He gets his speed and a lot of his athleticism from his mother's side of the family. Tania was a high school sprinter and long jumped 18 feet in high school. Her brothers were all 4.4 sprinters for 40 yards. —Jared Leavitt
If you ask most of the guys who played with Ty Detmer what the highlight of their college career was, most will tell you it was the night in 1990 the Cougars defeated defending national champion Miami in Provo.
That is the case with linebacker Jared Leavitt, a native of Soda Springs, Idaho, who now lives in Portland, Ore., where his son, BYU commit Dallin, is one of the state's most feared tacklers.
"I will never forget that game," Jared said of his college days in Provo and the 28-21 win over Miami on Sept. 8, 1990. Back in the day, Miami was a notorious winner, criticized by many and loved by few.
Some of Jared's defensive teammates included Rich Kaufusi, who wrote a book on that game, Alema Fitisemanu, Brian Mitchell, Rocky Biegel, Derwin Gray, Josh Arnold, Shad Hansen and Tony Crutchfield.
Leavitt left BYU for graduate school at Baylor, where he got his MBA. Intel Corp. hired him 17 years ago and he became a finance manager and then marketing manager, a job that has taken him to more than 20 countries around the world. He is the father of two girls and two boys. His oldest, Dallin, is an up-and-coming football star.
Dallin is poised to follow in the footsteps of his father, who has watched a lot of instincts naturally propel his son to become a very physical football player. One Oregon sports writer labeled him the "Absolute Assassin."
How does a kid get to be a tough guy and love to hit?
I asked Jared if he rough-housed it around a lot with Dallin over the years, getting him to love physical contact, tuning him up to the joy of creating collisions.
"No, not really. He's just kind of grew to love it on his own."
Dallin committed to BYU last July after his sophomore year. He must still play his senior year at Central Catholic High this fall, but his play this past season as a junior has opened a lot of eyes, and his play at the NLA Elite 7-on-7 tournament in Las Vegas didn't disappoint, either. Opposing QBs failed to complete a pass to a receiver defended by Dallin.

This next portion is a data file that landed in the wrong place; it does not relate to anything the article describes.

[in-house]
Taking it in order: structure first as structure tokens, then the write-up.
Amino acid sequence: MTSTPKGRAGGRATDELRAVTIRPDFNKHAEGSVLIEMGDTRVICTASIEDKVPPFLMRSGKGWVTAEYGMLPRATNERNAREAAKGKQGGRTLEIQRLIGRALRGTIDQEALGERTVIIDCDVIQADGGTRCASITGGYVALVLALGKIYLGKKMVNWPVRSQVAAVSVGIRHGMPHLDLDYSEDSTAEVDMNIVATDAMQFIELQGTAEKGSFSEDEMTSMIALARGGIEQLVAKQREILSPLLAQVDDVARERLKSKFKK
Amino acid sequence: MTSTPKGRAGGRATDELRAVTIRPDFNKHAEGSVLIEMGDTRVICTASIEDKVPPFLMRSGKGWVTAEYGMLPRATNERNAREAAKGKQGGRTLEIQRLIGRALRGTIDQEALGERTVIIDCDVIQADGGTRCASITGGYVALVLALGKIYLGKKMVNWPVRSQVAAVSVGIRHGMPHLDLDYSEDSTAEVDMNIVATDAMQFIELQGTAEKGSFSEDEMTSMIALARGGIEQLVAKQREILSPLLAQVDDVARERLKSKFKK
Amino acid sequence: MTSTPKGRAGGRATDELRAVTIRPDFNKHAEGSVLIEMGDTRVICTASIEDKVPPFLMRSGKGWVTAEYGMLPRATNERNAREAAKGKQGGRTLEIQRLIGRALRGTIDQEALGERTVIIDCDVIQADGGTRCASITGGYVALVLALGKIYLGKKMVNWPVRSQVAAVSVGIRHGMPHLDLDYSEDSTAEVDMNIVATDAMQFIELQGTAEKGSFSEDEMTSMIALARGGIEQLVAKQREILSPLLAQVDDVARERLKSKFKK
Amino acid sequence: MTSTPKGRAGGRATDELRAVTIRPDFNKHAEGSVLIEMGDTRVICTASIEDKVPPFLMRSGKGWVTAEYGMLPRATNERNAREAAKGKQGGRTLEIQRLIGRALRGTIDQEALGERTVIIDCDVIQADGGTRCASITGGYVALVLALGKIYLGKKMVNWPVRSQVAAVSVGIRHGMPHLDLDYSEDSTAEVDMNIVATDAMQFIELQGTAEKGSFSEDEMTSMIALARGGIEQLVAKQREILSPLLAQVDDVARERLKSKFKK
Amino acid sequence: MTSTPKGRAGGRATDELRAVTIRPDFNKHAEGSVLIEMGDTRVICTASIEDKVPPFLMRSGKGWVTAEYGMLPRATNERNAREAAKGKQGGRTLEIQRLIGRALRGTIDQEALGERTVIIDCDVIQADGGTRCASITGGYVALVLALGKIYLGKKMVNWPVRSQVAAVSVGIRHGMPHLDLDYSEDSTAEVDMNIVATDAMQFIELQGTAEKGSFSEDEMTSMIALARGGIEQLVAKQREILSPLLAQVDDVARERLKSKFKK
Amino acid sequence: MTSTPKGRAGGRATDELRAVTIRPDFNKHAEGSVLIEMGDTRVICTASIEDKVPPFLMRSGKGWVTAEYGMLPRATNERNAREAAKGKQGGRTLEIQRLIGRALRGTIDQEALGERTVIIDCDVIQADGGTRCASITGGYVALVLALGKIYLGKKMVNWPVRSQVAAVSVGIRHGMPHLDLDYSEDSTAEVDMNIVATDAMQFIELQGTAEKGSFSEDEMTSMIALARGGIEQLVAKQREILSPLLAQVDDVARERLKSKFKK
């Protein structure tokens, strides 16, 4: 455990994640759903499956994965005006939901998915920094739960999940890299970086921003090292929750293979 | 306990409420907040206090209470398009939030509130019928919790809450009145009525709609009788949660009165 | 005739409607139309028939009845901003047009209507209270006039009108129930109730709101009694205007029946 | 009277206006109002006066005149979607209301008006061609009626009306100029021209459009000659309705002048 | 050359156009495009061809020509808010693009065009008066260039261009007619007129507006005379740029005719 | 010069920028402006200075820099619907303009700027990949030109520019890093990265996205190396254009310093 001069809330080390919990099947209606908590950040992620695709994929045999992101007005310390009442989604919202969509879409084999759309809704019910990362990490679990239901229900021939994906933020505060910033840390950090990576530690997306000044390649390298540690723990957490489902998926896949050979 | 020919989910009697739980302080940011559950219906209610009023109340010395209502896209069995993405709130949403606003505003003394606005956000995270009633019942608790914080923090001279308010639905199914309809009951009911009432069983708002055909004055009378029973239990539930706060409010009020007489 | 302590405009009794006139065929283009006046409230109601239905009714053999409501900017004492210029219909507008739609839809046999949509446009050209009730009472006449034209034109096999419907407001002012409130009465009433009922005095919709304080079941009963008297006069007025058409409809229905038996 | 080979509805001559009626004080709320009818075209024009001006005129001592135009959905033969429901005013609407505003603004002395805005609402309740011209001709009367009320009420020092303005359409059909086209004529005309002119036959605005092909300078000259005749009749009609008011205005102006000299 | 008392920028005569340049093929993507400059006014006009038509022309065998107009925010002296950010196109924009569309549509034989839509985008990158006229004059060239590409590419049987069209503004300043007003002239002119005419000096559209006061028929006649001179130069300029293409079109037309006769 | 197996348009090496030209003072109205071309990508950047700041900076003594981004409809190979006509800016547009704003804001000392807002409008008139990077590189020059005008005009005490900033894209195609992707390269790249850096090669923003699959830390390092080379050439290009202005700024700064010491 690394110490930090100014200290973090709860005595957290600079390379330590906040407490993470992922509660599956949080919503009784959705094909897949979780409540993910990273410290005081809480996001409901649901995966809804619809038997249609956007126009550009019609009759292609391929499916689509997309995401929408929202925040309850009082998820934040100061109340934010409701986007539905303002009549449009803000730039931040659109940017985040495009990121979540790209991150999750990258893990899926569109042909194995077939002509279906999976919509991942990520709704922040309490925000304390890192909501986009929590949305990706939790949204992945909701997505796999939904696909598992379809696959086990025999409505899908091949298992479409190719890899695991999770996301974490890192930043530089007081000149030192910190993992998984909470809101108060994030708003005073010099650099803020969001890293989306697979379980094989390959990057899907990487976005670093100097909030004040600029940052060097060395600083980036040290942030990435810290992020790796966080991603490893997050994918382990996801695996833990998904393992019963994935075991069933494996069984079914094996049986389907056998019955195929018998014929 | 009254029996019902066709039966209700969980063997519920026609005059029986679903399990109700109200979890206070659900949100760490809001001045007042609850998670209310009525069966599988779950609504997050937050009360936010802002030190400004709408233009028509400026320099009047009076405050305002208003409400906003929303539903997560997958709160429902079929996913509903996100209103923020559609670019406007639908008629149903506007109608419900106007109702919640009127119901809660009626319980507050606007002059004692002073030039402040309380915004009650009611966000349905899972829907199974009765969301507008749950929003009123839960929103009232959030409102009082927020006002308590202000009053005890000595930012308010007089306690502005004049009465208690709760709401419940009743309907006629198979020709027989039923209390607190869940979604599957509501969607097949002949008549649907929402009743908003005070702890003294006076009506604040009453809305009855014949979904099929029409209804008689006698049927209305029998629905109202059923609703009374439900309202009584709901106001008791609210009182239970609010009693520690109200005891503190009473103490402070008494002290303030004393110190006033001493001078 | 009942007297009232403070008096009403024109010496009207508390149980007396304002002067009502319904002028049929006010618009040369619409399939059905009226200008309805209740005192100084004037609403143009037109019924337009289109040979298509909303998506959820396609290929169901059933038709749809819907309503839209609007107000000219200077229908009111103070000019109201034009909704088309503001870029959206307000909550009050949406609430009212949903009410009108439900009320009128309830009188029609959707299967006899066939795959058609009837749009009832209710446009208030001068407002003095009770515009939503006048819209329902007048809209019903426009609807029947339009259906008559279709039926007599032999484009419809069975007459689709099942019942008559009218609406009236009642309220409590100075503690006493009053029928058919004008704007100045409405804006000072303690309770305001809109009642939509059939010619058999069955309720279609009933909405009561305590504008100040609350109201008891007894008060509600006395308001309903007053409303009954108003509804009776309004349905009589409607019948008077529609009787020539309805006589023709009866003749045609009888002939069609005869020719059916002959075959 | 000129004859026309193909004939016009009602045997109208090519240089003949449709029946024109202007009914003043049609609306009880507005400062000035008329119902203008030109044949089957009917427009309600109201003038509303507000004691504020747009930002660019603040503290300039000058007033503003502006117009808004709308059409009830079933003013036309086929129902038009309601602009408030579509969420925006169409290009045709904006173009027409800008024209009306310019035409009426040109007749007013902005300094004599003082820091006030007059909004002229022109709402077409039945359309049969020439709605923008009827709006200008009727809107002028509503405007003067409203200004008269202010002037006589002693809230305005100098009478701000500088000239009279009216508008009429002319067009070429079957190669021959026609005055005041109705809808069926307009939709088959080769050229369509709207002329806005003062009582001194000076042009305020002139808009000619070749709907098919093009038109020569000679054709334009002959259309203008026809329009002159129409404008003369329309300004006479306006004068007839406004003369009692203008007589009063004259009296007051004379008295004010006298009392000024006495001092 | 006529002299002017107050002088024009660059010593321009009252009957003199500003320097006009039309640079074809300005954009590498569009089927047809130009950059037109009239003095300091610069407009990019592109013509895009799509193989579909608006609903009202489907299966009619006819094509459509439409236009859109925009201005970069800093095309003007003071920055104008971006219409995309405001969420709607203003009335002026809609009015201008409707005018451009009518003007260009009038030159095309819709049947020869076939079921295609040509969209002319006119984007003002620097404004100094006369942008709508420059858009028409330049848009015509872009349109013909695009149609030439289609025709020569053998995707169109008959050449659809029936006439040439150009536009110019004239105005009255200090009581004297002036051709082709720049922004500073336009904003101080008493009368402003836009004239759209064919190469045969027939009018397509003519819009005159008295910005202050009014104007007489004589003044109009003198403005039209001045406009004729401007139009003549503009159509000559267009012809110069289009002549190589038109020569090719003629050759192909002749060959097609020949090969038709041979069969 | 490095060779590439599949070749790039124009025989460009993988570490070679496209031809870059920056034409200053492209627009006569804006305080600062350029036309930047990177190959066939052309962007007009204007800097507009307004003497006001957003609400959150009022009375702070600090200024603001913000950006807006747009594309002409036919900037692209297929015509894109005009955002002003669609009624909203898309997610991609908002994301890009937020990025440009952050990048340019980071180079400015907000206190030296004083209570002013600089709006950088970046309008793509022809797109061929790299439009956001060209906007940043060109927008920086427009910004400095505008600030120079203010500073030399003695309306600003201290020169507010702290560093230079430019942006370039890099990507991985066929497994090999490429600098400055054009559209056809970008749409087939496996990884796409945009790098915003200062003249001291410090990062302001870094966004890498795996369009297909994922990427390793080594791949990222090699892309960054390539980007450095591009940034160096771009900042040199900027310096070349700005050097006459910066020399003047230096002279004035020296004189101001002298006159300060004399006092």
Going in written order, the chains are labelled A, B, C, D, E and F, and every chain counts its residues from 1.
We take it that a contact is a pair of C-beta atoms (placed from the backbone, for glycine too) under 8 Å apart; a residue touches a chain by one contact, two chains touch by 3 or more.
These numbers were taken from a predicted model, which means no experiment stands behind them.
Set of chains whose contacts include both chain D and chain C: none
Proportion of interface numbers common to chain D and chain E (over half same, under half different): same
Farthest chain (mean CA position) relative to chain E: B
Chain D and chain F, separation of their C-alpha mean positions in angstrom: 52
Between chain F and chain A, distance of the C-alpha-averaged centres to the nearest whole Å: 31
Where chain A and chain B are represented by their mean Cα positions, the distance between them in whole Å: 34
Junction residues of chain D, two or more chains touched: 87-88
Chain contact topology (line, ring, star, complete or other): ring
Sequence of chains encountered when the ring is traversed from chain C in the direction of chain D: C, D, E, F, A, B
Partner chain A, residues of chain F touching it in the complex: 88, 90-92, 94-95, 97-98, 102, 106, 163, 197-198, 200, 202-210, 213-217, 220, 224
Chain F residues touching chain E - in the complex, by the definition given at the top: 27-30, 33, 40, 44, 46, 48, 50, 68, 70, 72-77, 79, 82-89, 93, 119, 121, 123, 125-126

The younger Leavitt plays safety and running back. He had two pick-sixes and returned a punt 70 yards for a touchdown against Canby this past season. He power cleaned 310 pounds as a 5-foot-10, 190-pound sophomore. "People didn't believe it, so we filmed it," said Jared.
Dallin, who was just named Oregon's underclassman of the year, is ranked as the state's sixth-best player. He squats 520 pounds and now cleans 315. With a 36-inch vertical leap, Dallin has been timed at 4.57 and 4.52 in the 40-yard dash, significantly faster than his father, who is taller and whose speed never broke the high 4.6s at BYU.
"He gets his speed and a lot of his athleticism from his mother's side of the family. Tania was a high school sprinter and long jumped 18 feet in high school. Her brothers were all 4.4 sprinters for 40 yards."
"He is such a better athlete than I ever was," says Jared.
BYU has given Dallin a choice of playing running back or safety, and so far he's told coaches he wants to play defense and hit people. "I try to be the biggest, baddest player on the field," Dallin told a reporter at the 7-on-7 Las Vegas event, where he wore BYU gear.
Dallin is committed to BYU but will explore his options this summer as he prepares for his senior season. "It is a matter of being sure he has options. He wants to play for Bronco Mendenhall but you know how things go in college. Mendenhall leaves, he has to protect himself with other options," said his father. "He is committed to sign at BYU.
"He plans on attending BYU's summer camp and loves being around the coaches and players there," added Jared. The Cougar staff has been aware of Dallin since the seventh grade and in an interview with me this week he rattled off the names of most of the staff and what he liked about them.
"I'll be at the summer camp at BYU and one of the reasons is that it will be about the same time I come when I get ready for school next year."
Dallin said he played linebacker as a freshman and sophomore and it has taken an adjustment to backpeddle and cover the pass. "But I think I defend the run and the pass equally as well. I like playing safety and my coach has had several years experience in the NFL and has taught me some amazing things."
In his junior year, Central finished 10-3 and will lose some seniors, but he sees a lot of potential in his senior season with Central. "We have 10 or 11 guys who will play at the next level. We should be very good."
Dallin has been nominated to play in the Army All-America All-Star game and recently made the cut from 900 to 400, which will be narrowed down to about 90 high school athletes from around the country in coming months.
So far, Dallin has received recruiting attention from Oregon, Cal, Stanford, Missouri, Illinois and Purdue, but many colleges have backed off since he is LDS and is on record as a BYU commit planning to go on an LDS mission.
Dallin is one of five members of the class of 2013 to commit to the Cougars. His friend, offensive guard Brayden Kearsley from Beaverton, Ore., Bingham guard Keegan Hicks, Mountain Crest tight end Moroni Laulu-Pututau, and linebacker Trajan Pili from Las Vegas complete the current list.